Collection: Our Lady of Lourdes

ARTIST: Brenda Nippert


In 1858, Mary appeared several times to a young girl named Bernadette Soubirous near Lourdes, France. Mary called herself the Immaculate Conception, the title under which the United States had taken her as its patroness 12 years earlier. Bernadette was the only one who could see and hear the apparition, but even after being scolded by her mother, heckled by the crowds, questioned roughly by the authorities and even taken to jail, brave Bernadette never backed down. She did what Mary asked of her at all costs. Mary sent her to the local priests to ask that a church be built on the spot where she appeared. She told Bernadette to dig in the mud and drink from the spring she found there. People in the crowd mocked Bernadette and called her a pig, until miraculous healings began to happen to those who drank or bathed in the water. They say Our Lady taught Bernadette a prayer just for her and she prayed it every day for the rest of her life, never revealing it to anyone.

Today, Lourdes is one of the most popular shrines in the world, as the healings both physical and spiritual are still happening regularly. Many call on Our Lady of Lourdes to make them brave like Bernadette and she comes to their aid in accordance with God's will to bestow God's graces which he has granted for us. Mary told Bernadette that she did not promise to make her happy in this world, but in the next. Bernadette clung to these words all of her days, through the pain and suffering of bone cancer, keeping her eyes fixed on the Heaven Mary had promised her.

Her feast day is February 11.

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On December 8, 1854, Pope Pius IX proclaimed the dogma of the Immaculate Conception in the apostolic constitution Ineffabilis Deus. A little more than three years later, on February 11, 1858, a young lady appeared to Bernadette Soubirous. This began a series of visions. During the apparition on March 25, the lady identified herself with the words: “I am the Immaculate Conception."

Bernadette was a sickly child of poor parents. Their practice of the Catholic faith was scarcely more than lukewarm. Bernadette could pray the Our Father, the Hail Mary and the Creed. She also knew the prayer of the Miraculous Medal: “O Mary conceived without sin."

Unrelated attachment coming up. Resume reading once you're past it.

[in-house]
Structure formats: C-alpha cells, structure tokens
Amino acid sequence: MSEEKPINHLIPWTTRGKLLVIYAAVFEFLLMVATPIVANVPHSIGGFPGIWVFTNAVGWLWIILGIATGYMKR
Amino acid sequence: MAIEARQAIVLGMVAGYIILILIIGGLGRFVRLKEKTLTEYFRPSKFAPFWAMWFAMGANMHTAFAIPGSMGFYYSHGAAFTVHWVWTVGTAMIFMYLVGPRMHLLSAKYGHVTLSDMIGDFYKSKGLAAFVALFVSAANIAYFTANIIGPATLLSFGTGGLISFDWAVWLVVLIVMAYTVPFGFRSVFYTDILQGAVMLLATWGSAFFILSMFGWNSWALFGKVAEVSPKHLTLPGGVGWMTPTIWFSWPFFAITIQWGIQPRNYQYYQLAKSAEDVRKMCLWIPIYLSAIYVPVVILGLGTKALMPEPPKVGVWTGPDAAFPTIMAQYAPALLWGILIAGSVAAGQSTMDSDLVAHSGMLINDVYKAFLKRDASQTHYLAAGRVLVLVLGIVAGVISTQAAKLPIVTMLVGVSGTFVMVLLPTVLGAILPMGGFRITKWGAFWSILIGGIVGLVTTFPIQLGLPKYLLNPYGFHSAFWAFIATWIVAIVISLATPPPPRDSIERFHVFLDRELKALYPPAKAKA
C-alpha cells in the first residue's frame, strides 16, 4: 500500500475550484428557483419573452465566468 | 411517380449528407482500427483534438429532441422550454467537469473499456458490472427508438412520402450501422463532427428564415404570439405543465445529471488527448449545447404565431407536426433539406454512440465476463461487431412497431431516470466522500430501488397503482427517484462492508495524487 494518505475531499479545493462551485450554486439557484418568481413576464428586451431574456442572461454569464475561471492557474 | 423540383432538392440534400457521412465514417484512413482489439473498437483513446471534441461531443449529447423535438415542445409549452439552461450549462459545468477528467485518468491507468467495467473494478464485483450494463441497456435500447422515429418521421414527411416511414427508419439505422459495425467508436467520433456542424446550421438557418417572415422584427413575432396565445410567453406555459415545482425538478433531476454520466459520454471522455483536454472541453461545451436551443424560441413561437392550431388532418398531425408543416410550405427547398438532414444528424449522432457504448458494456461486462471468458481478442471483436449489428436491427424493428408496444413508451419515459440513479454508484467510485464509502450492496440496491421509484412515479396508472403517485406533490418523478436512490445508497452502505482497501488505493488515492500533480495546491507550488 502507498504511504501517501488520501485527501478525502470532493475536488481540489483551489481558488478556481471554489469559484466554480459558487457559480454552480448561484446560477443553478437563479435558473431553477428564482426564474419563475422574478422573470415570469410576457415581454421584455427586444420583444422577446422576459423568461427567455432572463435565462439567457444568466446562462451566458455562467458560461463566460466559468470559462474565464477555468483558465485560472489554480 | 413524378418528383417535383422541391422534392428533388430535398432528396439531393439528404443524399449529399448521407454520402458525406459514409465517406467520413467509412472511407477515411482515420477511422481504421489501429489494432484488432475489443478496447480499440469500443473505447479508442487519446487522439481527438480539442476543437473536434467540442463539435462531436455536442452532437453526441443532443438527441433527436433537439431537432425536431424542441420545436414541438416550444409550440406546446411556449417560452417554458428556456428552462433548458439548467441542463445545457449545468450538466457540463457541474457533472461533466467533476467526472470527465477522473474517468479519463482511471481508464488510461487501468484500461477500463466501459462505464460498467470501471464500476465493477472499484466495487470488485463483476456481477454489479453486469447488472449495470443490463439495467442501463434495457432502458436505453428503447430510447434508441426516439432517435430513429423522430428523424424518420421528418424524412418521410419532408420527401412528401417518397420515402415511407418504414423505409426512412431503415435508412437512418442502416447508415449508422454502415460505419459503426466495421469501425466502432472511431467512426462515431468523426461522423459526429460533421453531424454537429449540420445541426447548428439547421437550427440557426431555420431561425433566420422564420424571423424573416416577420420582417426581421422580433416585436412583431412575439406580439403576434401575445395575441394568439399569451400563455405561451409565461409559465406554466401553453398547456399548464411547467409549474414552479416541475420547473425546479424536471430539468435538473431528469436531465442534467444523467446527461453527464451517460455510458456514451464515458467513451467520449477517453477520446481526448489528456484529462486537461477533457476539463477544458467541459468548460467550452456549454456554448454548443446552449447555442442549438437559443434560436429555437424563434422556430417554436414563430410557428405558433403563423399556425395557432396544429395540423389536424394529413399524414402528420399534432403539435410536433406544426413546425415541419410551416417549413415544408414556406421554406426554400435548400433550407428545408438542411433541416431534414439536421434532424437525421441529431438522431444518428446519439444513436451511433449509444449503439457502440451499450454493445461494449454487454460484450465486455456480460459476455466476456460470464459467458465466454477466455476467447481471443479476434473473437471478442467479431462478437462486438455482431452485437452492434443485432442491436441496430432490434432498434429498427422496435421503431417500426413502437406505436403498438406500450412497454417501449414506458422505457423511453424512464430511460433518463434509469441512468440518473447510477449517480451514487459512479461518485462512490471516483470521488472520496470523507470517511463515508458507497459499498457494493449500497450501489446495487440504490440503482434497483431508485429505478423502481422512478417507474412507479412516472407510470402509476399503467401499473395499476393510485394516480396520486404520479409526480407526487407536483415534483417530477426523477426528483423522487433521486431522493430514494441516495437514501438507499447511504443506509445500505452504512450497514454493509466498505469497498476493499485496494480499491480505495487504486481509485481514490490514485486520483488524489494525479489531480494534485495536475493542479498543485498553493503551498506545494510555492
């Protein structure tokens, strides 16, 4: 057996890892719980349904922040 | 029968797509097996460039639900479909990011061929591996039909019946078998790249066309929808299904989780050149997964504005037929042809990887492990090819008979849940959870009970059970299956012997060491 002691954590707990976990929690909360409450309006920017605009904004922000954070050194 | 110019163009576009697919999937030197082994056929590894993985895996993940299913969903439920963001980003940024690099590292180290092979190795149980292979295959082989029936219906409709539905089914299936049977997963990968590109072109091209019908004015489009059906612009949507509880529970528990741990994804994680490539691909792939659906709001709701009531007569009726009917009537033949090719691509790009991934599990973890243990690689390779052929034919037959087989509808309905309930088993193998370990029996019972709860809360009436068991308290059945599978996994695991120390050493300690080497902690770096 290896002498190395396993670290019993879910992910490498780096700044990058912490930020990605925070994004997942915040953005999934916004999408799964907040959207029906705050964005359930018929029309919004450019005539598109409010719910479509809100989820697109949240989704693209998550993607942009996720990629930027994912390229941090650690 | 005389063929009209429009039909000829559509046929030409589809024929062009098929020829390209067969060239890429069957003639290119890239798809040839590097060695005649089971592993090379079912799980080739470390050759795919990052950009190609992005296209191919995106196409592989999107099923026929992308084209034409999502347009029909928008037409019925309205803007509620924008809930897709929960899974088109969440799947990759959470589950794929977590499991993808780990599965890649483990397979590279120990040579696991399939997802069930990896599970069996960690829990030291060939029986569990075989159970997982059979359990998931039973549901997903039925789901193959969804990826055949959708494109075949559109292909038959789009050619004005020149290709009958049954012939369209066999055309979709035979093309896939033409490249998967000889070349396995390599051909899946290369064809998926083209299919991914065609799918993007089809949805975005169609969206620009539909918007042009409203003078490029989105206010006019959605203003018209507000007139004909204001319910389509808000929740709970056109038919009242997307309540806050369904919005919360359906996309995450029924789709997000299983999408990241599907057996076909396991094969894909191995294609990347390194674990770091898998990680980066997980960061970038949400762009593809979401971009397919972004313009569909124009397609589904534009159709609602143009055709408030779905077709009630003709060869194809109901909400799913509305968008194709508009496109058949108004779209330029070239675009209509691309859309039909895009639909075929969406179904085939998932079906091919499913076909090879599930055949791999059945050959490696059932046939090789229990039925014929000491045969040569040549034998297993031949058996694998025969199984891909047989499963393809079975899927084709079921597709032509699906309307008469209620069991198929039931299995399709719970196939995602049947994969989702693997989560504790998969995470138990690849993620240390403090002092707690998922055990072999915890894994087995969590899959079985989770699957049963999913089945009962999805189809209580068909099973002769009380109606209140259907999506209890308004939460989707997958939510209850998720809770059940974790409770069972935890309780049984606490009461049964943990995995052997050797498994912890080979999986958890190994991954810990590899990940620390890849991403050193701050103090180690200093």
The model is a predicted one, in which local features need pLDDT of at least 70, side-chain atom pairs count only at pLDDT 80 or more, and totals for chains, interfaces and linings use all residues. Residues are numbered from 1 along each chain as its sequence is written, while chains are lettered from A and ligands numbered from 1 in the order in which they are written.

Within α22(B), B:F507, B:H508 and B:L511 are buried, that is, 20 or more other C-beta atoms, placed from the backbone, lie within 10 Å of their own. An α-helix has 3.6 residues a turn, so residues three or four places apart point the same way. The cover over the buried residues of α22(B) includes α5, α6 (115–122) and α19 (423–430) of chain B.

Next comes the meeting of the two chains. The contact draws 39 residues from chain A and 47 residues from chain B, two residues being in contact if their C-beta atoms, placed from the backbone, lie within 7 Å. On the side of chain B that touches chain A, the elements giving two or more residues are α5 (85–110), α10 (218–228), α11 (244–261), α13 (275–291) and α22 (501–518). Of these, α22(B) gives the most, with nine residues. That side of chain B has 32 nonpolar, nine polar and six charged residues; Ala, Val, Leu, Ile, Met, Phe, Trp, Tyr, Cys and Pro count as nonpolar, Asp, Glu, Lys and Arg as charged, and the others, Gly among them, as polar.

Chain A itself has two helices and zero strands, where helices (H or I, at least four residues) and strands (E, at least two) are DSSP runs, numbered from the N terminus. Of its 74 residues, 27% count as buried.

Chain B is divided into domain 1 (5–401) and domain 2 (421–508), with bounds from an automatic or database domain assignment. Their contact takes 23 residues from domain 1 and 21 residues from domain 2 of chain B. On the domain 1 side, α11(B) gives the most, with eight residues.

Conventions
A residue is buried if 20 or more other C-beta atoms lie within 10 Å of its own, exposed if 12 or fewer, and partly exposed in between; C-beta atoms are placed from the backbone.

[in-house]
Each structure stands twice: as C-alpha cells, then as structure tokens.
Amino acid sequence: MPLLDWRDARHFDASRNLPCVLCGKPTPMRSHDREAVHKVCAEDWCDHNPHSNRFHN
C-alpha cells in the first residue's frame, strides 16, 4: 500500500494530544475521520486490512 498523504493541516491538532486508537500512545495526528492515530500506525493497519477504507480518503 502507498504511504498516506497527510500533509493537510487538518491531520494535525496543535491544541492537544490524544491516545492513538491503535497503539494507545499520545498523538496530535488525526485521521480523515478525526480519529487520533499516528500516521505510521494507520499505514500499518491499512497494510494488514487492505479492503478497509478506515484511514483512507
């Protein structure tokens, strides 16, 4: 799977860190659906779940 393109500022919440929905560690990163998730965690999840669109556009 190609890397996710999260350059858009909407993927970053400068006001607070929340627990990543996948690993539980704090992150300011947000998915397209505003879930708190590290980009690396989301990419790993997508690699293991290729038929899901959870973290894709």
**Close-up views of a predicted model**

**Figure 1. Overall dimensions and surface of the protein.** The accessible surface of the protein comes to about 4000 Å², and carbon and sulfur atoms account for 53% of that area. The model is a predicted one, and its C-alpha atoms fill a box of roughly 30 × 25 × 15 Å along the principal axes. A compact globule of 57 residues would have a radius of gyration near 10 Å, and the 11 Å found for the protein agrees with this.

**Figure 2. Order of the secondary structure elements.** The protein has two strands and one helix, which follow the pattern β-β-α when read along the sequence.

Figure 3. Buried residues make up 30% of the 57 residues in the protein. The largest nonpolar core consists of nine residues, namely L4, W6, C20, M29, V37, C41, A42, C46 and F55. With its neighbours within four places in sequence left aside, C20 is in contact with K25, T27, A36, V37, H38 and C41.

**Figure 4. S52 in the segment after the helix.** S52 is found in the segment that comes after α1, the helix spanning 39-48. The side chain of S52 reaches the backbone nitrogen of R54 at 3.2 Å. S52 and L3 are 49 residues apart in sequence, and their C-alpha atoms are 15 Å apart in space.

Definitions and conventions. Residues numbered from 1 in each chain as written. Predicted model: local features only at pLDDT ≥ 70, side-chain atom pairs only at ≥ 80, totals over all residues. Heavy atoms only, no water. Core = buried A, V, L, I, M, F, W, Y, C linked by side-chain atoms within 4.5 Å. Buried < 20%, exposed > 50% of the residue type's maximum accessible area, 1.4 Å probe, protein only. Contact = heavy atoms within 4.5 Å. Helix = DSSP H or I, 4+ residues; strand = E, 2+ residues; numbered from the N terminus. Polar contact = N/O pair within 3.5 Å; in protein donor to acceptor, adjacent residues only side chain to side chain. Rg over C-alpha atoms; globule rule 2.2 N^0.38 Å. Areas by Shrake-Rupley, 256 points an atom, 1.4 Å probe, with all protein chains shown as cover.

During interrogations Bernadette gave an account of what she saw. It was “something white in the shape of a girl." She used the word aquero, a dialect term meaning “this thing." It was “a pretty young girl with a rosary over her arm." Her white robe was encircled by a blue girdle. She wore a white veil. There was a yellow rose on each foot. A rosary was in her hand. Bernadette was also impressed by the fact that the lady did not use the informal form of address (tu), but the polite form (vous). The humble virgin appeared to a humble girl and treated her with dignity.

Through that humble girl, Mary revitalized and continues to revitalize the faith of millions of people. People began to flock to Lourdes from other parts of France and from all over the world. In 1862 Church authorities confirmed the authenticity of the apparitions and authorized the cult of Our Lady of Lourdes for the diocese. The Feast of Our Lady of Lourdes became worldwide in 1907.

Lourdes has become a place of pilgrimage and healing, but even more of faith. Church authorities have recognized over 60 miraculous cures, although there have probably been many more. To people of faith this is not surprising. It is a continuation of Jesus' healing miracles—now performed at the intercession of his mother. Some would say that the greater miracles are hidden. Many who visit Lourdes return home with renewed faith and a readiness to serve God in their needy brothers and sisters.

There still may be people who doubt the apparitions of Lourdes. Perhaps the best that can be said to them are the words that introduce the film The Song of Bernadette: “For those who believe in God, no explanation is necessary. For those who do not believe, no explanation is possible."